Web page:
In John 4, Jesus encounters the Samaritan woman at the well. He is tired. It’s been a long journey, and He is passing through Samaria on His way back to Galilee. He sits down at Jacob’s well and asks this woman for a drink. Thus begins the conversation that eventually leads to her becoming a follower of Christ. It is interesting that when Jesus begins to confront her in love about her lifestyle of sin that she changes the subject entirely. Isn’t that just like us? About the time we allow Christ to really get to the heart of the matter, we divert to some other distraction because He is getting a little too close to the reality of our spiritual condition. Let me challenge you to let God do His work in you. It might be a little uncomfortable, but it will change you forever!
Sociologists tell us that because of social networks, email, work environments and numerous other outlets, that each one of us will have a direct influence into the lives of at least 10,000 people over our lifetime. That’s a lot of influence! The question is…what kind of influence will it be. Leadership is influence. Like it or not, all of us are leaders to a certain degree. Look around you…someone is in your direct line of influence. You are a leader of someone. Are you their worship leader as well? Of course, I don’t mean you can you sing and play guitar! I mean…are you showing them an example of what it means to live a life of worship? I pray you are, because there is no other purpose in life higher than that. I challenge you to influence the others around you by worshiping the Lord in all things.
At Liberty University, we have over 1100 worship majors. These students come to us with a passion for worshiping God. We don’t want to do anything that would squelch that passion. ButWe do want to add to that passion a theology and philosophy about worship that runs as deep as the passion itself. In John 4, Jesus encounters the Samaritan woman at the well. In this passage, the subject of worship comes up in the conversation. Jesus tells the woman that God is a spirit, and those who worship Him must worship in spirit and in truth. So what does it mean to worship in spirit? It means we don’t get caught up in things like places or traditions. But rather, we stay passionate about the one true God. We must stay concerned with spiritual realities instead of outward appearances.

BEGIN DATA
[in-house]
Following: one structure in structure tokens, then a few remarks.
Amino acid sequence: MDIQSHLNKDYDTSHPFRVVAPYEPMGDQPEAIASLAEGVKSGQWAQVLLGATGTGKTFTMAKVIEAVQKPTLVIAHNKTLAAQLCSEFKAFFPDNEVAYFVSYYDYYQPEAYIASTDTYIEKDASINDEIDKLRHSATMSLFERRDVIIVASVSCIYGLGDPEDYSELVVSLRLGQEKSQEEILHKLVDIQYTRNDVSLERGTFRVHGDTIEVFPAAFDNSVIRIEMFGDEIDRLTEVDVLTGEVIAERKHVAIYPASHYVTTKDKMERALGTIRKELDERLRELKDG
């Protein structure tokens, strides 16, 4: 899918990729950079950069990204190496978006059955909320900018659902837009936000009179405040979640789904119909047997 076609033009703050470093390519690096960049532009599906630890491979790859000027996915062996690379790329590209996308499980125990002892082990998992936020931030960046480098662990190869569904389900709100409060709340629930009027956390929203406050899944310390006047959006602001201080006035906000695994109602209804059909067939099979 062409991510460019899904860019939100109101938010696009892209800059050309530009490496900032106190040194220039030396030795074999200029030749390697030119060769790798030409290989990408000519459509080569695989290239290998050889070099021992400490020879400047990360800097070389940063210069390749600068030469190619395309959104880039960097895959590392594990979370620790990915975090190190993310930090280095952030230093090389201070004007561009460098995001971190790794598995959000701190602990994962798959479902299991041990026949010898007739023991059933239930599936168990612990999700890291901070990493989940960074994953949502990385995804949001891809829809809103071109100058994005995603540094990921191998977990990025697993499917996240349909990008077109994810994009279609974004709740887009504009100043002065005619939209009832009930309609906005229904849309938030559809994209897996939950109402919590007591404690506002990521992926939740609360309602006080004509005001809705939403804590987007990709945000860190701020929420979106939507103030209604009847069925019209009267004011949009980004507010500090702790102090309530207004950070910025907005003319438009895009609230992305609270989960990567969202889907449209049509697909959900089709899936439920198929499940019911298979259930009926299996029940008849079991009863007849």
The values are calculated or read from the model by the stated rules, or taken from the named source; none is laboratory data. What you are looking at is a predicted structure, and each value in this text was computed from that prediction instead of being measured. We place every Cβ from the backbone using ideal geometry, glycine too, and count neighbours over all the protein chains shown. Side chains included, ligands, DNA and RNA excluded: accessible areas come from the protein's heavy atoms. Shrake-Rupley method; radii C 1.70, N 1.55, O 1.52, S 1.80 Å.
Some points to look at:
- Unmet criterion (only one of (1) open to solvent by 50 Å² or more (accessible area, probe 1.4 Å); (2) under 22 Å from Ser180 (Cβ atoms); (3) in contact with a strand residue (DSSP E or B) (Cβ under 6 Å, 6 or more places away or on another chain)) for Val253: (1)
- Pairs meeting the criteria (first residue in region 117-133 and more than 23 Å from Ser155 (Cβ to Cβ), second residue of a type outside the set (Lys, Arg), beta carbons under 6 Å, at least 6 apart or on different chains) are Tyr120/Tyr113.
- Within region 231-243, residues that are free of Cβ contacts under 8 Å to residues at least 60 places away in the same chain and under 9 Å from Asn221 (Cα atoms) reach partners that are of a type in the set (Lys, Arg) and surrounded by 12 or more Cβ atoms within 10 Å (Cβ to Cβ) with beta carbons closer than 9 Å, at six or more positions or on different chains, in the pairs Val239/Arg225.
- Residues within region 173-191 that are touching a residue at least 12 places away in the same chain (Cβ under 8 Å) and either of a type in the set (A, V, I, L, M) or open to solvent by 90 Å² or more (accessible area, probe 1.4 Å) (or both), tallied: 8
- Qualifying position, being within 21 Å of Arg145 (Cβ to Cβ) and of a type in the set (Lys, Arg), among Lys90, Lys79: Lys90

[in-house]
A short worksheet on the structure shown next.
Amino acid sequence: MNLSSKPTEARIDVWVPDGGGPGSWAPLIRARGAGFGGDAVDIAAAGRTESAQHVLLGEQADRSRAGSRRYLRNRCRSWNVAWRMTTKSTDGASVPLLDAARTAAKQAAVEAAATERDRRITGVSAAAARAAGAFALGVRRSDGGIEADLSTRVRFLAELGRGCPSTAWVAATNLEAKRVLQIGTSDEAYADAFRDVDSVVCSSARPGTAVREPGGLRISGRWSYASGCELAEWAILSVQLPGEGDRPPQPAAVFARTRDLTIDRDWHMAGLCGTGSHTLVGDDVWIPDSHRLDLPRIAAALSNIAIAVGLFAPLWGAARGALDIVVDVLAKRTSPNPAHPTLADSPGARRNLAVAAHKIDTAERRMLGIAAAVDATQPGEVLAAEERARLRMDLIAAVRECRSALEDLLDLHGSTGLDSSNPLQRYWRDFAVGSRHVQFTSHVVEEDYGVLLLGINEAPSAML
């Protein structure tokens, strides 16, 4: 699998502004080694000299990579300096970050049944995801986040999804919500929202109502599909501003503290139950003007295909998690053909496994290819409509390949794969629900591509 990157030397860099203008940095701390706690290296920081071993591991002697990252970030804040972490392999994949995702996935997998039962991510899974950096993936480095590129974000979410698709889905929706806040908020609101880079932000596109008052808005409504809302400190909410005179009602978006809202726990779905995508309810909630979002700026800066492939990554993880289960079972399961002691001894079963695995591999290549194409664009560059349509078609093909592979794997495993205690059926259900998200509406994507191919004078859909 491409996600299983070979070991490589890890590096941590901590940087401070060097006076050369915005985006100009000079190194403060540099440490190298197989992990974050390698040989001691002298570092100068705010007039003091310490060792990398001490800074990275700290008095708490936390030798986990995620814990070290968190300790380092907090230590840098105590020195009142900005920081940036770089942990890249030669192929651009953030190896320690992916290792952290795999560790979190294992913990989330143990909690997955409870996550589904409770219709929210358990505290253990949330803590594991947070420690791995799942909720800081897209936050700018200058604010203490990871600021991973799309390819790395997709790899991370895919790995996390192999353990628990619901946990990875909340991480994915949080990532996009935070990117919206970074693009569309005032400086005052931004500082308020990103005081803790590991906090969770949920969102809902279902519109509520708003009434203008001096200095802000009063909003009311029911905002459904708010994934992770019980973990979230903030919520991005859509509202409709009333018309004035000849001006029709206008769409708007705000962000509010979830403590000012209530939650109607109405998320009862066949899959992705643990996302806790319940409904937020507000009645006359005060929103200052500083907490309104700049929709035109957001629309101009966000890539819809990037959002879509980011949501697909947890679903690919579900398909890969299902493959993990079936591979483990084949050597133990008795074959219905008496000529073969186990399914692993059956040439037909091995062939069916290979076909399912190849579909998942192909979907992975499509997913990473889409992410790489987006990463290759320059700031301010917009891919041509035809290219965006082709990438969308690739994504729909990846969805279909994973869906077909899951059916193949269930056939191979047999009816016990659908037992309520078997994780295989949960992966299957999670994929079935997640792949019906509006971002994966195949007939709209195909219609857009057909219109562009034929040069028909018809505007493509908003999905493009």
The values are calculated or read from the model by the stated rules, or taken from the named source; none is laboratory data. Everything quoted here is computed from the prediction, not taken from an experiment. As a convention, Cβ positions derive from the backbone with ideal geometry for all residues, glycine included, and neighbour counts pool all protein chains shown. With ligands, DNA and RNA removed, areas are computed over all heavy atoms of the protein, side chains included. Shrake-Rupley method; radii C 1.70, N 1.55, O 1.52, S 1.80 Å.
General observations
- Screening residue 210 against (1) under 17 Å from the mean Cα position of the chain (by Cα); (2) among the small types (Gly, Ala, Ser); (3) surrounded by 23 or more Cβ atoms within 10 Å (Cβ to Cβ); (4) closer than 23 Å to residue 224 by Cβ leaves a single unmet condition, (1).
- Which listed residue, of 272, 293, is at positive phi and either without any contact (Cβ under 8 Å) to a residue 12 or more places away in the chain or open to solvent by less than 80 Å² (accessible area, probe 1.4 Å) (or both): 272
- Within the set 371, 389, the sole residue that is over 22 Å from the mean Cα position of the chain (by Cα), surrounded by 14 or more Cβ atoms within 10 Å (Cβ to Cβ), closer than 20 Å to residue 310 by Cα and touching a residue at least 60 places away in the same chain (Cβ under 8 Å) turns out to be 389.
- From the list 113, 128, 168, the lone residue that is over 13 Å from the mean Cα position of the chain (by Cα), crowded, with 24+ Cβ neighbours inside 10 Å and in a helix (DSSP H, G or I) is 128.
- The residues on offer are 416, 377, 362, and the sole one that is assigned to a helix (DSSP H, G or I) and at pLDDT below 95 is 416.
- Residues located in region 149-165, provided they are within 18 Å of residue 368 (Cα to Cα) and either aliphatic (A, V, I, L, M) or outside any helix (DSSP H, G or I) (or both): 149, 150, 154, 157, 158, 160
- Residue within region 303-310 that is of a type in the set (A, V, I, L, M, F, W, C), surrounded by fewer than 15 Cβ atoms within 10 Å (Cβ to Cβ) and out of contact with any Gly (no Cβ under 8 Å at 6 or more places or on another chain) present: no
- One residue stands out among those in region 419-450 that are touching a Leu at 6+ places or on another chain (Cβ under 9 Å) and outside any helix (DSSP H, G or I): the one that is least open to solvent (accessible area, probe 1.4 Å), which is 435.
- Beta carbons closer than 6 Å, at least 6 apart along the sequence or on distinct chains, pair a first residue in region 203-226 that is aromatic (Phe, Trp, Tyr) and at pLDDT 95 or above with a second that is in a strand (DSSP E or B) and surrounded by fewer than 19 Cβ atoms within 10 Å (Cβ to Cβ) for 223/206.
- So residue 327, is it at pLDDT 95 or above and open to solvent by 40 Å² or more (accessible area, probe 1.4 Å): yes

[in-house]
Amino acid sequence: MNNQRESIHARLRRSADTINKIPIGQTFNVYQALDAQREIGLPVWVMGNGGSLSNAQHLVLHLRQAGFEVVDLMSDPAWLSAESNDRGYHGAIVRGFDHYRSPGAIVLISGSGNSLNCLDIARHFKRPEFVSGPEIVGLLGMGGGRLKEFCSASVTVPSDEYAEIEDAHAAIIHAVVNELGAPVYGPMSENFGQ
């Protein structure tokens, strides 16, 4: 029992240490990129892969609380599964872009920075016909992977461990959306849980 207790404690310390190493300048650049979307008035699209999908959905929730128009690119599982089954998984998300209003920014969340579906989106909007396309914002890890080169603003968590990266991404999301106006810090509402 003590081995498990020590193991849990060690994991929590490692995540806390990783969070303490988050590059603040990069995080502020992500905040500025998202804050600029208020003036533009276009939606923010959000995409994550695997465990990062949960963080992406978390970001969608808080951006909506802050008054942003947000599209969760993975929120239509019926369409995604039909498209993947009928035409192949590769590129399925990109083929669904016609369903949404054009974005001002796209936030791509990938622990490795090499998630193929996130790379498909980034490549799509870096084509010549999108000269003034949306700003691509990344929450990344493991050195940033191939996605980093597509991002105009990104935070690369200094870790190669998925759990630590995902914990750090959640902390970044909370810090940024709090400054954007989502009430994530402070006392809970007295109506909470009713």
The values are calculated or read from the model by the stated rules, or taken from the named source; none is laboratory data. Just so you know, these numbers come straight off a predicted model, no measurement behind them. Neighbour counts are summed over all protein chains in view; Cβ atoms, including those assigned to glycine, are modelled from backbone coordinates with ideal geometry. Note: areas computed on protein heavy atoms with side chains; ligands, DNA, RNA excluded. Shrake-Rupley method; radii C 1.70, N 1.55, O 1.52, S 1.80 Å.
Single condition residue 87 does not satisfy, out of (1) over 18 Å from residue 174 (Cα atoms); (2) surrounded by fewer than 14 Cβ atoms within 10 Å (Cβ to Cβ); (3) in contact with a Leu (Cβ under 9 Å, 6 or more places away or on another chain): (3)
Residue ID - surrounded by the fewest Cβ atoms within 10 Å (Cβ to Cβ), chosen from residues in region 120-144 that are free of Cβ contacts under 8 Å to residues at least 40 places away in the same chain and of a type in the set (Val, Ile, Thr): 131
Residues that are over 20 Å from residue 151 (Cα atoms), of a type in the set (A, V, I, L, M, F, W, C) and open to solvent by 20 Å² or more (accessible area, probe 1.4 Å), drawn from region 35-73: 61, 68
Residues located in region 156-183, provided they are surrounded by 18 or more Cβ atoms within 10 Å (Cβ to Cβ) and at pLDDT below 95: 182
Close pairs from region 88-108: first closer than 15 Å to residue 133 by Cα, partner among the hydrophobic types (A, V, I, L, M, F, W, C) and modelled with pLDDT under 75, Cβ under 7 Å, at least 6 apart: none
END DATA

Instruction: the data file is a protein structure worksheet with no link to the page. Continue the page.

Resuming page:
So many times after I have led worship somewhere, people will say to me on the way out something like “That was good worship, today.” Of course, many times that simply means “Hey, I like those songs.” And therefore, bad worship would mean they don’t like the songs. But remember, true worship is really not about a song at all. True worship is a lifestyle that honors God in all things. True worship is not about a where or a when…but rather it is about Who and how! Jesus answered this issue with the Samaritan woman at the well. And through a powerful conversation, Jesus helps her understand that the quality of worship is our true measure of devotion to God. So what is good worship? A life fully devoted to Christ. What is Bad worship? A life fully devoted to self.
I was recently asked to speak to some seminary students on the subject of raising the bar in worship. I found this subject interesting, because worship happens on two different levels…individually and corporately. This much I know: If we ever want to experience powerful worship corporately, then it has to happen individually first. So to me, The first step in raising the bar in our worship is to pursue a life of holiness. This will lead to worship that is deeper and more meaningful than just an emotionally charged pep rally. It is this sort of worship that is most honoring to God. Let’s raise the bar in our worship, by lowering ourselves in His presence, by bending our knees in humility, and by striving after holiness in every aspect of our lives. Remember, worship is a lifestyle of loving Jesus.